WCCC president Daniel Obara to retire after 4 years

WCCC to look for a new president


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The Westmoreland County Community College board will soon begin a nationwide search to replace its president, Daniel Obara, 70, who will step down next June.

Mr. Obara of Hempfield announced at a recent board meeting that he will retire next summer.

"We've been planning for Dr. Obara's succession; we knew it was coming," said Gene Ciafre, a 20-year veteran of the board and its former chairman.

Mr. Obara joined the college in 1996 as vice president for academic affairs and became president four years ago after Steven Ender left the position.

"We have several current administrators we will consider," said Mr. Ciafre. "Dr. Nicole Reaves (vice president for academic affairs) is very qualified, as are two or three others from within, but to do it properly, we will look nationally, too."

Mr. Obara said two major expansion projects will be completed before his retirement. Last month, the college broke ground on the $8.5 million, two-story Latrobe Education Center, and construction is set to begin on a $9.4 million Advanced Technology Center in the old Sony plant near New Stanton.

WCCC currently has 6,400 full-time and part-time students. It has 75 full-time faculty and 350 part-time instructors.

A Johnstown native, Mr. Obara taught history and world cultures in the Pittsburgh Public Schools, worked in administration at the University of Pittsburgh in the College of Adult Studies and served as a counselor and dean at the Boyce campus of Allegheny County Community College.

As WCCC president, Mr. Obara negotiated a faculty contract, oversaw a new strategic plan for the college and worked on a capital campaign to fund its current expansion projects.

"Mostly, I've been blessed with a good staff to get the work done," he said.

"The most gratifying part of the job has been seeing students progress," he said. "We see transformations here every day. Maybe students come here unemployed and don't know what they want to do, and they get the skills needed to go into the work force. They become productive and have fulfilled lives."

"Dr. Obara was the perfect individual for the job," said Mr. Ciafre. "He had academic experience, and he had administrative experience at Allegheny County Community College. ...

"He has exceeded our expectations in all areas, but especially with our foundation, the fundraising arm of the college. He was instrumental in raising a good portion of our capital investment campaign."

Mr. Ciafre said the college has already raised $25 million of its $28 million capital campaign. Mr. Ciafre, CEO of General Products & Supply in Export, is co-chairman of the campaign.

"It's always been our mission to train people for local businesses," said Mr. Ciafre. "That's what we do."

"It used to be our student population was older and came to us for technical job training. But our curriculum has evolved where many of our students for financial reasons now start with us, and then transfer to four-year colleges."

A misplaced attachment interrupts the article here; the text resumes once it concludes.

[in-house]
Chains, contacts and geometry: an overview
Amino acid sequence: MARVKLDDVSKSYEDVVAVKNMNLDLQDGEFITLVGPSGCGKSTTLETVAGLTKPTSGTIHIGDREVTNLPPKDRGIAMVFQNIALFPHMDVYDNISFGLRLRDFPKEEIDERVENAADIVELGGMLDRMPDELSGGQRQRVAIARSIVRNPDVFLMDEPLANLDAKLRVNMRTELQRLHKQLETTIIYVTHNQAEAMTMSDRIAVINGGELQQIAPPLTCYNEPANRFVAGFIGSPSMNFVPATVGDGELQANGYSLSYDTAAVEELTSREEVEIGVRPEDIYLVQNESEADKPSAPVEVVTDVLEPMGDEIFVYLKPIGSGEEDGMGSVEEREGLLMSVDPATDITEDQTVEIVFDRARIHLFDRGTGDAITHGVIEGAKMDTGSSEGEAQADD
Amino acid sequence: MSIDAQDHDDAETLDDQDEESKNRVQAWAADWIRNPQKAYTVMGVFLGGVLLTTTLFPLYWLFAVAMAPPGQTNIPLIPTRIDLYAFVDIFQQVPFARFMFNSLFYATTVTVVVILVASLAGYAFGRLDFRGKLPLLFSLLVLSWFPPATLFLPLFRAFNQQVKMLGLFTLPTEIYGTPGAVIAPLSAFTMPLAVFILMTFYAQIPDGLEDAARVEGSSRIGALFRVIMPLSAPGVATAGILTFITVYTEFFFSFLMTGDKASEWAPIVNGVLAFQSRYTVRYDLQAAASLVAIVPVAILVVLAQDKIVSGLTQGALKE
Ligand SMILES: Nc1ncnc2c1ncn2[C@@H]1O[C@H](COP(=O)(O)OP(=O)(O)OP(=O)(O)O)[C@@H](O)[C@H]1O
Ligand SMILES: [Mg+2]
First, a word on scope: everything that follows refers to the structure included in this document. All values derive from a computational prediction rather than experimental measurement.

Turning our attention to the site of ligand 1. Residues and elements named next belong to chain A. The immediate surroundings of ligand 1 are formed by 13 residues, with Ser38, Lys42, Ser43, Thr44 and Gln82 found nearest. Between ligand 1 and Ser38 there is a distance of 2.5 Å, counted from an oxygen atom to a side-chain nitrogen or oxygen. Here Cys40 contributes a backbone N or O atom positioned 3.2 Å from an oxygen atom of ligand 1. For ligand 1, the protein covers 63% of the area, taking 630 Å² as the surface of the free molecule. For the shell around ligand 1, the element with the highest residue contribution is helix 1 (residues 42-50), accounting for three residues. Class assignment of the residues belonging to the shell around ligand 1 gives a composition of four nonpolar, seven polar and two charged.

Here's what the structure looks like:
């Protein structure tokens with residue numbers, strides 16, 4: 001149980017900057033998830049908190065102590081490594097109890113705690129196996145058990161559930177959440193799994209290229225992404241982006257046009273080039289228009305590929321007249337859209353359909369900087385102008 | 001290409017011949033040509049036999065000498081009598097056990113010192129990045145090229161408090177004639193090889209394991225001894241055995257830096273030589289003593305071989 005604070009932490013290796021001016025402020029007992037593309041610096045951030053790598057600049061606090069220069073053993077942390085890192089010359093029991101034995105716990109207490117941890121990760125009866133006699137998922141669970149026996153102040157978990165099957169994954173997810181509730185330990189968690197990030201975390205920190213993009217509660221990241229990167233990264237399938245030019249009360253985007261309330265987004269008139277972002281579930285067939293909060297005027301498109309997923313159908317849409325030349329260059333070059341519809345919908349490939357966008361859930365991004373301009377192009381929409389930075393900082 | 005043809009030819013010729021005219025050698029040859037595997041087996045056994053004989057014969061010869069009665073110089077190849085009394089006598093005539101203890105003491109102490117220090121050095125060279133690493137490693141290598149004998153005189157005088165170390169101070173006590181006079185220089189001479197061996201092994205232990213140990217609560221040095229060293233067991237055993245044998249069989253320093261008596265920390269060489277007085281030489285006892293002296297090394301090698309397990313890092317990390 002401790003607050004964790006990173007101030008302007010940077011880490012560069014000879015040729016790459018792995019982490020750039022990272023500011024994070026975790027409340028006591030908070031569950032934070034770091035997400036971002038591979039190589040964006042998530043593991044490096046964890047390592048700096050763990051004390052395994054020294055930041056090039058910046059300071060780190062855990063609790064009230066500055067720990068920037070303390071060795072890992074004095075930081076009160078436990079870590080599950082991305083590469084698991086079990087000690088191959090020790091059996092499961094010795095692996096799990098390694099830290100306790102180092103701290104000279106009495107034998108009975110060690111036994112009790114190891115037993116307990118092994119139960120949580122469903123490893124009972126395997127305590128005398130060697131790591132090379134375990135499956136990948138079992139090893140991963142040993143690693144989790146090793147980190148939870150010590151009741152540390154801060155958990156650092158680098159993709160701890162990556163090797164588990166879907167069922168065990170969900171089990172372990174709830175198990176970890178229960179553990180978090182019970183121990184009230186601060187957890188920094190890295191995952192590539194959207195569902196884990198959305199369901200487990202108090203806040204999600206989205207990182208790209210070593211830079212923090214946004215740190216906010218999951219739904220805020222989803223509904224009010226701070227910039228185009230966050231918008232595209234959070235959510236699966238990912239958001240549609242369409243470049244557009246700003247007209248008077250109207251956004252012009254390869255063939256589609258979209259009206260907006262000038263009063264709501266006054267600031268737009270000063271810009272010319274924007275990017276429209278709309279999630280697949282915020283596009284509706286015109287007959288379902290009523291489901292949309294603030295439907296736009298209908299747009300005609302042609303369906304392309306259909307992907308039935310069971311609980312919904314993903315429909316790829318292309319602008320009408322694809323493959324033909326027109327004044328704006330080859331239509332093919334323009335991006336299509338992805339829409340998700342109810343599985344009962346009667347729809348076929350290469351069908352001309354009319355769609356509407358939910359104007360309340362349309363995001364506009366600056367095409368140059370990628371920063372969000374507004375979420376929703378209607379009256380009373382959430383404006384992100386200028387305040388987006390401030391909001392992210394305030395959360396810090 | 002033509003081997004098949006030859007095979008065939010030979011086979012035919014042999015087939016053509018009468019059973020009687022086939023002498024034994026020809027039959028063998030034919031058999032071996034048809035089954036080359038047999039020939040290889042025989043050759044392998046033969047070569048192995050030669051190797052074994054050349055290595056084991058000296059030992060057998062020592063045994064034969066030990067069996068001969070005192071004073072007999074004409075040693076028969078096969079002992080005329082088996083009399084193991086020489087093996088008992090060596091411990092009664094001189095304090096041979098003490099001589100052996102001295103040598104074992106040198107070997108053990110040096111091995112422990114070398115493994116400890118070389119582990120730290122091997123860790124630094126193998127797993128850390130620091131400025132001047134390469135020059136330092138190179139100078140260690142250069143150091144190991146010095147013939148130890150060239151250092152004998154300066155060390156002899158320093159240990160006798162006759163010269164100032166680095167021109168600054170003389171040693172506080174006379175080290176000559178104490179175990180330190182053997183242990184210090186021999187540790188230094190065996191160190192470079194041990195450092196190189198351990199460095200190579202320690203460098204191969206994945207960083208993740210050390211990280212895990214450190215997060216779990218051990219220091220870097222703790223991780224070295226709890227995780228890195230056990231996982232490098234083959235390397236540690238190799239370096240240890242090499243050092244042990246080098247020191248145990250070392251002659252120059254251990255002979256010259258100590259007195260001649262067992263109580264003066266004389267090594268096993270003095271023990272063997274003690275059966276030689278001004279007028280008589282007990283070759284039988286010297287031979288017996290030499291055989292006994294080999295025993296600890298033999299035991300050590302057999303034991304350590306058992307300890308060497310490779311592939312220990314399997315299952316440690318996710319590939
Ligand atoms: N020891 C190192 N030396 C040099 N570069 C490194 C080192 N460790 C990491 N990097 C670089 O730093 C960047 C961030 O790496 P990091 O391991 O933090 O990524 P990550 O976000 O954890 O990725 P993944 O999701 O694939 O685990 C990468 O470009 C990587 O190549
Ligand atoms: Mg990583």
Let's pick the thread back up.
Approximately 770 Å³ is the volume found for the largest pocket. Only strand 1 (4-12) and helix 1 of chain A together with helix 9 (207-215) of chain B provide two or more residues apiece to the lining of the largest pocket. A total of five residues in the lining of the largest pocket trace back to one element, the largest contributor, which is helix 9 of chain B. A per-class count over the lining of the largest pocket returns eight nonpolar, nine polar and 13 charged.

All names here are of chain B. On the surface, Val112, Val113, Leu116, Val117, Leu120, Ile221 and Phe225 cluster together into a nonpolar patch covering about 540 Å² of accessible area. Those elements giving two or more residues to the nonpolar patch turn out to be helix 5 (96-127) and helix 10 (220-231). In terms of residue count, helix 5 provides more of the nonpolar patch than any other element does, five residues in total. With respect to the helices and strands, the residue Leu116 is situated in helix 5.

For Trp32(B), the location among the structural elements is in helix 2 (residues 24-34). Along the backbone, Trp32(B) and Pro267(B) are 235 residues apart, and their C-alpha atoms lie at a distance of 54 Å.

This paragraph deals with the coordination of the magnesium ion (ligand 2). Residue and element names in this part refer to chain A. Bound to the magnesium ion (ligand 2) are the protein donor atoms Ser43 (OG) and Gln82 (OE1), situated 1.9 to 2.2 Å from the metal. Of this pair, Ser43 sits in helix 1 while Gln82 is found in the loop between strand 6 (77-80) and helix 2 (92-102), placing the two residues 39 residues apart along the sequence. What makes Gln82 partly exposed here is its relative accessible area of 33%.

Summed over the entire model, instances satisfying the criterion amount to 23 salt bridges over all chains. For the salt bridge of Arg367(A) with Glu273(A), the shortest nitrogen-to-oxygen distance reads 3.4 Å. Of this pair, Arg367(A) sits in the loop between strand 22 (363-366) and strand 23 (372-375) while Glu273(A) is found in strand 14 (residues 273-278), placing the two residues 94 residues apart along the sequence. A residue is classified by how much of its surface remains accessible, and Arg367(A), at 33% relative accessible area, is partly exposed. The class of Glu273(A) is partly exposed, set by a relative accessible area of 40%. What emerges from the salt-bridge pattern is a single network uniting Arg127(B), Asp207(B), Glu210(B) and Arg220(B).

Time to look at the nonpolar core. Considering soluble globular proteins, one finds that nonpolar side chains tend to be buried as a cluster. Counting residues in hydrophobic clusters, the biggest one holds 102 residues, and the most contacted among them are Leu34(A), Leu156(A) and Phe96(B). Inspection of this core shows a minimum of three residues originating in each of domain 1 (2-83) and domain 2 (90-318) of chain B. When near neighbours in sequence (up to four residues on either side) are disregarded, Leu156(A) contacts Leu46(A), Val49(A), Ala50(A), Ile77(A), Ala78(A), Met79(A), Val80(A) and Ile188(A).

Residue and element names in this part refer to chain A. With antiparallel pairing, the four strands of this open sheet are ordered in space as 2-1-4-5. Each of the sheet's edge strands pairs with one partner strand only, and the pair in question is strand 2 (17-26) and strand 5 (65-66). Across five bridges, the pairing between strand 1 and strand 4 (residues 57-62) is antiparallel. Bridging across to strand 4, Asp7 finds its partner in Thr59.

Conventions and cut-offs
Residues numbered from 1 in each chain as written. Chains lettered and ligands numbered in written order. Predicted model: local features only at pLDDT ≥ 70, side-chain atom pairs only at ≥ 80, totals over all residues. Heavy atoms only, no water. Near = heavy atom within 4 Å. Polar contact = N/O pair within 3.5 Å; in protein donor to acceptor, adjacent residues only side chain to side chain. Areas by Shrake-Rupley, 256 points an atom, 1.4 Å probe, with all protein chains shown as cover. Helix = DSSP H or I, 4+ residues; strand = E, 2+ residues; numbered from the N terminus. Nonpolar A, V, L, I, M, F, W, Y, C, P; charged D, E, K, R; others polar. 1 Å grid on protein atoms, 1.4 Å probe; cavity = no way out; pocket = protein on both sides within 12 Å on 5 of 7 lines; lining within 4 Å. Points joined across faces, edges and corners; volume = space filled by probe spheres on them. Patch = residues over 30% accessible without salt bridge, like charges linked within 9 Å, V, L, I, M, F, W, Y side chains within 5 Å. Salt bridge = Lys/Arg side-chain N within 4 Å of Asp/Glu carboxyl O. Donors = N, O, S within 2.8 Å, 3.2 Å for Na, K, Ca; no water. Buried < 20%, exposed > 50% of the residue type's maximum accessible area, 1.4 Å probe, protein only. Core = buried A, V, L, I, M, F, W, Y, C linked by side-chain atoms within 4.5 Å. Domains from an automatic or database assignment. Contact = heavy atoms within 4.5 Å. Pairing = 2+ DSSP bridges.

He noted the college recently added training programs to take advantage of the rise in the Marcellus Shale industry.

Students who don't want a four-year degree continue to train for two-year associate degrees or certificates for machine shop and welding jobs, and they can find good-paying jobs in those fields, he said.

"We're well positioned to do extremely well, we excel in many areas -- we have the lowest tuition in the state," said Mr. Ciafre. "So we want to stay on course, we have our major building programs at the technology center and in Latrobe, and we have a lot of work to do at the Youngwood campus in rehabbing some of our buildings."

He said the college is hoping to get about 50 percent of its funding for the technology center and Latrobe center from the state. He said the county had been generous in its funding, as well.

"Our enrollment peaked at about 7,000 students a couple years ago," said Mr. Ciafre. "When the economy is bad, people go back for re-education."

Online courses have increased dramatically, as they have at most institutions of higher learning. Mr. Ciafre said 25 percent of the college's students now take online courses.

"I was from the old school, I was skeptical of these, but I was proven wrong," he said. "We've seen that online students score just as well as those who learn in the classroom."

The college has an annual operating budget of $38 million, and about one-half of that comes from tuition, according to Mr. Obara, with another third coming from the state, about 7 percent from the county and the rest from grants.

Mr. Obara said he expects the new Advanced Technology Center to become increasingly important to the college.

"All our technology programs will move there -- for machining and welding, CNC (machine operations), robotics, electronics," he said. "It will be a multi-faceted center, and employers can come to us to train their workers, too. We'll have more space and flexibility to do that."

Mr. Obara said he and his wife will remain active in retirement. They like to golf and kayak, and he has biked the entire length of the Greater Allegheny Passage from Pittsburgh to Washington, D.C. They have four adult children and six grandchildren to visit, as well.

neigh_east - neigh_westmoreland

Debra Duncan, freelance writer: suburbanliving@post-gazette.com


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